It's this marriage of dualities that makes 1900 work, and most specifically, in how the story embraces both the political and the personal. The rise of the working class and the opposition to it is an important and fascinating story, one with lots of good things, but historically the movement had its problems, too. Bertolucci doesn't whitewash the cause or those fighting for it. The poor are just as selfish as the rich, and there is some amusing evidence of this even as they are in sight of their paradise. In terms of the two main characters, it's always personal. It's either about a woman, or their own egos, and 1900 seems to be saying that, regardless of progress, how we treat each other as fellow citizens will never advance as long as improvement is still reliant on us. We will always be imperfect.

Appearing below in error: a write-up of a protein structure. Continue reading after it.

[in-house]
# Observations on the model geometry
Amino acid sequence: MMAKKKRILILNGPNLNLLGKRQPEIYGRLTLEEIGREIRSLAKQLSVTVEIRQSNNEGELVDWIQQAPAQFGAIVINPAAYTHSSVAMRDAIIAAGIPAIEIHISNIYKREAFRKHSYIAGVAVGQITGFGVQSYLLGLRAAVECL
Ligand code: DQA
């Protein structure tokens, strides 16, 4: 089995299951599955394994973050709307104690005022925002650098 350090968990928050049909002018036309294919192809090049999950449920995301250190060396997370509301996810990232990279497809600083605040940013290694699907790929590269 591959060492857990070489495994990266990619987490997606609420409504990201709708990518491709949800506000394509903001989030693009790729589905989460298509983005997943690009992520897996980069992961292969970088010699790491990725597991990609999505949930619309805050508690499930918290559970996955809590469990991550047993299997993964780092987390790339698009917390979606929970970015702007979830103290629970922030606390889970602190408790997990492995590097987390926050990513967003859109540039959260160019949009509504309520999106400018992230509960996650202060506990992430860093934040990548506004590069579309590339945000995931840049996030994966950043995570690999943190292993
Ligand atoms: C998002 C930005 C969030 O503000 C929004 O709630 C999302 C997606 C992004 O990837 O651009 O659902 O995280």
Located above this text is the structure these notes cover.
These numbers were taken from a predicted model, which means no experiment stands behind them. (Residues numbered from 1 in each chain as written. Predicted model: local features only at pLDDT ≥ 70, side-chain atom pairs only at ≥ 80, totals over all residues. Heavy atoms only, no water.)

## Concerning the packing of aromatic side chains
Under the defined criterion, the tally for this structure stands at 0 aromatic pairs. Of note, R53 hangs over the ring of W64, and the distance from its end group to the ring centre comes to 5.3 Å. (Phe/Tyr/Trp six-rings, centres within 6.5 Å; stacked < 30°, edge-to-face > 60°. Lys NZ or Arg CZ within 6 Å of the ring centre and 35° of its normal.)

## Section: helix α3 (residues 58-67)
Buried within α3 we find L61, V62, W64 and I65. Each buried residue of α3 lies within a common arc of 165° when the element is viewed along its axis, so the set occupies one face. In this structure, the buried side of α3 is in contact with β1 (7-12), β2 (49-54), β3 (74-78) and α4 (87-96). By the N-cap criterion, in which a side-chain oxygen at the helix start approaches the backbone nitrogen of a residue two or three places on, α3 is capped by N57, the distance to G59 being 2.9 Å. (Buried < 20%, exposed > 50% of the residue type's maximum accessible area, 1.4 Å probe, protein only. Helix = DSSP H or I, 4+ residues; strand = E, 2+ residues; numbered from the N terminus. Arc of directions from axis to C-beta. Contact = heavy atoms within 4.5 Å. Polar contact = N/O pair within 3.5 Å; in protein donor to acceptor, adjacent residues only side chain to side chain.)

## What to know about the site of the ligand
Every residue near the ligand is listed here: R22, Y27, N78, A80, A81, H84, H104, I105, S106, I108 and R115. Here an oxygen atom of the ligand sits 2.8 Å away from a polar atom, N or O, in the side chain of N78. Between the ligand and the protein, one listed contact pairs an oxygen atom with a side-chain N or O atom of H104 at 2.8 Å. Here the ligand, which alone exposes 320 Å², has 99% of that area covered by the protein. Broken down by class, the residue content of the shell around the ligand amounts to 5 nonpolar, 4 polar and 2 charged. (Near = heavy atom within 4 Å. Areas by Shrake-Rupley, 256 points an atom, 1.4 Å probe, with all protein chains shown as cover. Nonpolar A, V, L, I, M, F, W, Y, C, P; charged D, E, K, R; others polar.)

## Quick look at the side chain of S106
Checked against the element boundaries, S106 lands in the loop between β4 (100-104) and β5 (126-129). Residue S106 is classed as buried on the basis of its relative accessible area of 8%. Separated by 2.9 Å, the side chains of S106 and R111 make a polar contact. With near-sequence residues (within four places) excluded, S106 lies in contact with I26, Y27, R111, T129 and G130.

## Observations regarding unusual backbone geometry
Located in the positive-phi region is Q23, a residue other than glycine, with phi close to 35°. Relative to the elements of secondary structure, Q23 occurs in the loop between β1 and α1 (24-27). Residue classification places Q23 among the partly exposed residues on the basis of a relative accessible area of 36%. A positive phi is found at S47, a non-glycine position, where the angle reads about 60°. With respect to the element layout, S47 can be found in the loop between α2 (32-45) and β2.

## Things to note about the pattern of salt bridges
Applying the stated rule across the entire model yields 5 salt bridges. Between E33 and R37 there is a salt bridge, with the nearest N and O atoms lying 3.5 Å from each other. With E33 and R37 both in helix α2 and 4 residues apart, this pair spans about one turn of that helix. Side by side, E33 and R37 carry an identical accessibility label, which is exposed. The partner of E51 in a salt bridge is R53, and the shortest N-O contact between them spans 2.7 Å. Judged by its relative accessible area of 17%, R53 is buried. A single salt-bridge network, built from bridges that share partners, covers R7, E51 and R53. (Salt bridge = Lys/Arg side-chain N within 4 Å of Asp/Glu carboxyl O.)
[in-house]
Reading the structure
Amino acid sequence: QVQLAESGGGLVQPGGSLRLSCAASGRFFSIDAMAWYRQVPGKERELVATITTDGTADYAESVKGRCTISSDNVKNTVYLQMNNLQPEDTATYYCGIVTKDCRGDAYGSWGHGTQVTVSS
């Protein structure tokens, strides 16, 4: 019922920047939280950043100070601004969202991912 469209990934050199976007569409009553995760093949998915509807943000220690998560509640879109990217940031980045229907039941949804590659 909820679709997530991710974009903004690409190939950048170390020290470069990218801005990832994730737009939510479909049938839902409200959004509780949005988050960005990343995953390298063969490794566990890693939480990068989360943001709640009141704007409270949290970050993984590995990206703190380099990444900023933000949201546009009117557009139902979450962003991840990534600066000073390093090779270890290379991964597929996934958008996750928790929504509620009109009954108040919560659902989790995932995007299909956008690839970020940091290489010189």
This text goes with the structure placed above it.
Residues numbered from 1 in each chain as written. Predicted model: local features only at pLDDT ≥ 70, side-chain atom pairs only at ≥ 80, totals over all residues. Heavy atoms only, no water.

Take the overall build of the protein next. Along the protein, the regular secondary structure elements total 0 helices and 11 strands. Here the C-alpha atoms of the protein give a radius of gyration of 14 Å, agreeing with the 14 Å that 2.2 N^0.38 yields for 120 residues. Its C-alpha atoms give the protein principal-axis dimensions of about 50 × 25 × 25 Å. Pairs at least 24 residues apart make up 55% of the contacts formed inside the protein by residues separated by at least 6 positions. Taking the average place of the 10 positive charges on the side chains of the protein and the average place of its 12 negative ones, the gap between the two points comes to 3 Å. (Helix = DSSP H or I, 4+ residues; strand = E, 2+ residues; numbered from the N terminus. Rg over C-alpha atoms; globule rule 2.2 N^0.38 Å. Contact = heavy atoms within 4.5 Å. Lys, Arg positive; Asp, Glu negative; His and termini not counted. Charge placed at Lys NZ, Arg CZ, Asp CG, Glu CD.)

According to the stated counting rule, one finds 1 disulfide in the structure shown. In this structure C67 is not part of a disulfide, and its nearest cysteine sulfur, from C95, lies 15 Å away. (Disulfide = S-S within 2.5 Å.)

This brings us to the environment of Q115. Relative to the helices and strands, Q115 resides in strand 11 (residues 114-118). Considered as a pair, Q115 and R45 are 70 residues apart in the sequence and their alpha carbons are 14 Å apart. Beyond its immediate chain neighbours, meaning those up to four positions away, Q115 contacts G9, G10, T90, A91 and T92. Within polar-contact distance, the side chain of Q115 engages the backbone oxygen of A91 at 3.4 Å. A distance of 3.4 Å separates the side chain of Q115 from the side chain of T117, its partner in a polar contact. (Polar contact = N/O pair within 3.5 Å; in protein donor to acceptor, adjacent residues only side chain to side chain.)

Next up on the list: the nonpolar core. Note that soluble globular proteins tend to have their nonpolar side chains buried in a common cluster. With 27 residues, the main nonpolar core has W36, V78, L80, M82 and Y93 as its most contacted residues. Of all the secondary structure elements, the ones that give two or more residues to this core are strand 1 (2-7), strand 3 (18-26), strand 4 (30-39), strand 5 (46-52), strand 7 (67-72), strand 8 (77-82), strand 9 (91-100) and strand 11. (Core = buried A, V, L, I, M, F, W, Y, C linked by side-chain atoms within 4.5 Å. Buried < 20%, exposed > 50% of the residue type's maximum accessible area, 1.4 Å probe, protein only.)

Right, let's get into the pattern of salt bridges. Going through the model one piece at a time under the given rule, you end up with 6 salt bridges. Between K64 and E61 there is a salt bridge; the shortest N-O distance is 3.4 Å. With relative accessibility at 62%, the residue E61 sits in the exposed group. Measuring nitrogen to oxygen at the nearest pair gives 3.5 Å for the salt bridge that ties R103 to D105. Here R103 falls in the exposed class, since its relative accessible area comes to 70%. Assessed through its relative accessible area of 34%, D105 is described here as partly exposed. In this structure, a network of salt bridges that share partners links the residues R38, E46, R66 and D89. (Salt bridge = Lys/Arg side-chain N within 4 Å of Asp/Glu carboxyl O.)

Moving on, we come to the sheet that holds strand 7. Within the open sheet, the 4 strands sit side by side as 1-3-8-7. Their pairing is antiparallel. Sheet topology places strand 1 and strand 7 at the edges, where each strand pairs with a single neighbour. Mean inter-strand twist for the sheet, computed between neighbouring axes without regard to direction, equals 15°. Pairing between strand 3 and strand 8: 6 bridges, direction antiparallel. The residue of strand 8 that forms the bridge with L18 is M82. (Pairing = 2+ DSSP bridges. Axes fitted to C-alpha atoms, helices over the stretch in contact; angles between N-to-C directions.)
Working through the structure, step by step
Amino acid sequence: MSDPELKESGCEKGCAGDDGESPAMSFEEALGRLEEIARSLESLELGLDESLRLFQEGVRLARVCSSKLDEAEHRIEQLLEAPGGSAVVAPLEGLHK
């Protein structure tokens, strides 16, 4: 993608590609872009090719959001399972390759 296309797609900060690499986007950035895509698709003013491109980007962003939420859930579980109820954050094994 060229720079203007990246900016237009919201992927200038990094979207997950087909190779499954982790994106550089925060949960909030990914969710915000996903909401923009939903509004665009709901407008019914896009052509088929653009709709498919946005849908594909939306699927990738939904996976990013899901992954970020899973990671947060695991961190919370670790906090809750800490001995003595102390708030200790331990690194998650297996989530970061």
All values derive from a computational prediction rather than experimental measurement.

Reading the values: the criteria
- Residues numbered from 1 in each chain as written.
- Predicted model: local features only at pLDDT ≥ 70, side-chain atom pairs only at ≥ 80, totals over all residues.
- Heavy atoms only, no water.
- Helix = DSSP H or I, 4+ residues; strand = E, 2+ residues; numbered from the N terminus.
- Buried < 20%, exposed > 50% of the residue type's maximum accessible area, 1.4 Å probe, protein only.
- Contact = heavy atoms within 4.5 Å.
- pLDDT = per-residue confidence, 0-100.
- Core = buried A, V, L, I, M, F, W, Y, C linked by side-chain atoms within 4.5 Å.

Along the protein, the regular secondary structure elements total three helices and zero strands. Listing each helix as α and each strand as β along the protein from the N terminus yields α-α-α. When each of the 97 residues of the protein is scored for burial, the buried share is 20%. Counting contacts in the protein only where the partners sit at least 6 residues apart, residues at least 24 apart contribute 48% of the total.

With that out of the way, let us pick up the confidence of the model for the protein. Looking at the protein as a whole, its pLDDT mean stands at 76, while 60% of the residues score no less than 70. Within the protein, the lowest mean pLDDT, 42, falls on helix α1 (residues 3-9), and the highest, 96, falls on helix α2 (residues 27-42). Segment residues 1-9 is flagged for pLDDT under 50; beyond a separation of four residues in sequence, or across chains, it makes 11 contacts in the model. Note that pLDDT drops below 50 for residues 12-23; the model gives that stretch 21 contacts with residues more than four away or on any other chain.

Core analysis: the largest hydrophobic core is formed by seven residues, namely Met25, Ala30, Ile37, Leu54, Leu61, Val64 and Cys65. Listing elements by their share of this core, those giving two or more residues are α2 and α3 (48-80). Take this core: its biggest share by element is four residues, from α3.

The Olive Films transfer is not without its flaws. There is the occasional digital noise, and the restoration itself is far from perfect (a stray hair here, a mark on the print there), but the problems don't add up to very much in the grand scheme of things. The overall look of the DVD keeps in line with the film stock of the 1970s, so the muted palette is part of that, and should be expected/applauded.
English subtitle are available regardless of the mix you choose.
Disc 3 is devoted entirely to the 52-minute career retrospective (well, up until 2002 when this was made) Bernardo Bertolucci: Reflections on Cinema. It's a good program, though I think it has been on DVD as an extra before.
The two featurettes from the Paramount edition are not carried over here.